Often I want to use my iPhone to search the web very quickly for some random thing. I don’t think this is very unusual. The process should be as quick as possible. Unfortunately I’ve only found one app that does this right: The DuckDuckGo app.
Look at this: When you launch DuckDuckGo, the keyboard is ready, and you can just start typing.
Unlike some other apps, DuckDuckGo doesn’t have its own voice search, but the system-wide Siri dictation is easily available from the already-visible keyboard. DuckDuckGo’s bang modifiers are available through a handy shortcut. The app’s only flaws are that, by default, it launches into its “stories” mode instead of search mode. This is easily fixed with a setting, but I would prefer the ability to entirely turn off stories mode. Another flaw, which it shares in common with every other search app, is that its state is persistent between uses. I don’t want to see the results of my last search when I launch the app. I would prefer (perhaps after a minute or so) that when I relaunch the app that I be taken right back to the search screen, keyboard ready.
Just using Safari is not very good. When I launch Safari I might be confronted with a tab that I want to keep–meaning that I have to open a new tab just for the search. Even if I’m not, I have to first tap in the search area for the keyboard to appear. Finally, when I’m done searching,the tab for the search persists until I either close it or navigate somewhere else. In short, just using Safari is not ideal for quick searches.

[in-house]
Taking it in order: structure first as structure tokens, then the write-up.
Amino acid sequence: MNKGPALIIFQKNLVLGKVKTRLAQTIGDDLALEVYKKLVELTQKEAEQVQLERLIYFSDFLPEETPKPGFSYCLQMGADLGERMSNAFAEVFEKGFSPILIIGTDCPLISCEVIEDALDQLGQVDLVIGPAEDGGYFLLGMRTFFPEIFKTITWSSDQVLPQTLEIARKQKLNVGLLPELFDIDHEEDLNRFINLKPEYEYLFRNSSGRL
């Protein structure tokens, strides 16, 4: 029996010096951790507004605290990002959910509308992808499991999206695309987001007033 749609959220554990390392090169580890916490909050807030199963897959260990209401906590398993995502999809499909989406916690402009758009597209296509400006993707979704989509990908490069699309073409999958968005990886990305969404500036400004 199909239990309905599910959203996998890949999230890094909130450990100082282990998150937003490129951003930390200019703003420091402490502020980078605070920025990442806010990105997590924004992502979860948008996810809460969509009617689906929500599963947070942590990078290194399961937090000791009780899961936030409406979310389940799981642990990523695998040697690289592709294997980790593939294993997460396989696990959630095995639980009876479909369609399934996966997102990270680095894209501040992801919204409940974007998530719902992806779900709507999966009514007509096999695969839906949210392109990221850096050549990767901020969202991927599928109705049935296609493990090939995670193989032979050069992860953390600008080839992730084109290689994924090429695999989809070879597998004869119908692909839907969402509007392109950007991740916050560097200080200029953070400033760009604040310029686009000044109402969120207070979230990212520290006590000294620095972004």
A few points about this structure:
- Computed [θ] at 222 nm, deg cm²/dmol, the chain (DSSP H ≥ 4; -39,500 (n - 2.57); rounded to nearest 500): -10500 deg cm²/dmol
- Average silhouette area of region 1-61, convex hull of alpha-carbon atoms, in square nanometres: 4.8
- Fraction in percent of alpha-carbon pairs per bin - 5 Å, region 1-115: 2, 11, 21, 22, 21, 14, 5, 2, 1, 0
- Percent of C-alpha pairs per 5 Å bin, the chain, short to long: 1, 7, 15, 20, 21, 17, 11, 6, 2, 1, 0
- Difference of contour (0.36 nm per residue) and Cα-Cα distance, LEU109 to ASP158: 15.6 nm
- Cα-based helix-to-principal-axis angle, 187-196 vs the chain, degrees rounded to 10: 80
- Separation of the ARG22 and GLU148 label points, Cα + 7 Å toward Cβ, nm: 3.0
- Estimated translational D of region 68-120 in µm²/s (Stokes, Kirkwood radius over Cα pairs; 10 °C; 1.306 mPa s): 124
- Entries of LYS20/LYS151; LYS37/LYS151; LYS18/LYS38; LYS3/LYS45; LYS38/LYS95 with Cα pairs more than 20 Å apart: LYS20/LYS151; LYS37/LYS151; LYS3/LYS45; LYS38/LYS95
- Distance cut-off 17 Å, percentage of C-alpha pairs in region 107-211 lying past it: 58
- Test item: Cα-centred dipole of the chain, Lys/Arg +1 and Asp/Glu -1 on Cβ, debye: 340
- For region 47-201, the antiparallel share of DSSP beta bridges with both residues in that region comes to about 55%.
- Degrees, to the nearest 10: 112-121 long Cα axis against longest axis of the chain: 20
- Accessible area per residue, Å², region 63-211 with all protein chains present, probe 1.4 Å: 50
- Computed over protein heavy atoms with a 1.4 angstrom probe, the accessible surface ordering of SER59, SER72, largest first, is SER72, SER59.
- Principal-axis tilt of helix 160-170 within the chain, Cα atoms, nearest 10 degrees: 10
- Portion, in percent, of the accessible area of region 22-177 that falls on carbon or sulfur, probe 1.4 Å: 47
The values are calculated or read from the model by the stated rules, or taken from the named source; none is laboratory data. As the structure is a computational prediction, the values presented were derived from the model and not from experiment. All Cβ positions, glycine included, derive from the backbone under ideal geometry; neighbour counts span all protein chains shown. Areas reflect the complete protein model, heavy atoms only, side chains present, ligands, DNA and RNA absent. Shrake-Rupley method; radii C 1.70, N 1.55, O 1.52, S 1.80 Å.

Neither is using the built-in Spotlight search. While it’s very easy to access (just pull down from the home screen) and the keyboard appears without having to tap in a search area, the system-wide search is primarily geared toward searching within installed apps. Web results don’t appear until very far down a scrolling list, and even if selected, just launch you into a new tab in Safari—with the same problem that the tab is persistent until you actively close it or navigate somewhere else. If you do three searches using this method in a row, you might be left with three useless open tabs.
The Google app is admirably minimal (especially with Google Now turned off), it provides the best results, and its voice search is very good and accessible with a nice big button. However, when you launch it, you first have to tap in the search area. Same with the Bing app (which is not as minimal).
Apps that you are going to type in should make it easy to start typing. Right now, only the DuckDuckGo app succeeds at this modest goal. Addiitonally, apps for quick look-ups should make it as easy as possible to perform new look-ups without making you do all kinds of maintenence in terms of closing out tabs and old results. The DuckDuckGo, Google, and Bing apps all do an adequate job at this, but could be better. (A non-search app that does this correctly is Drafts by Agile Tortoise, which not only launches with the keyboard ready but clears its context after a cerain timeout period.)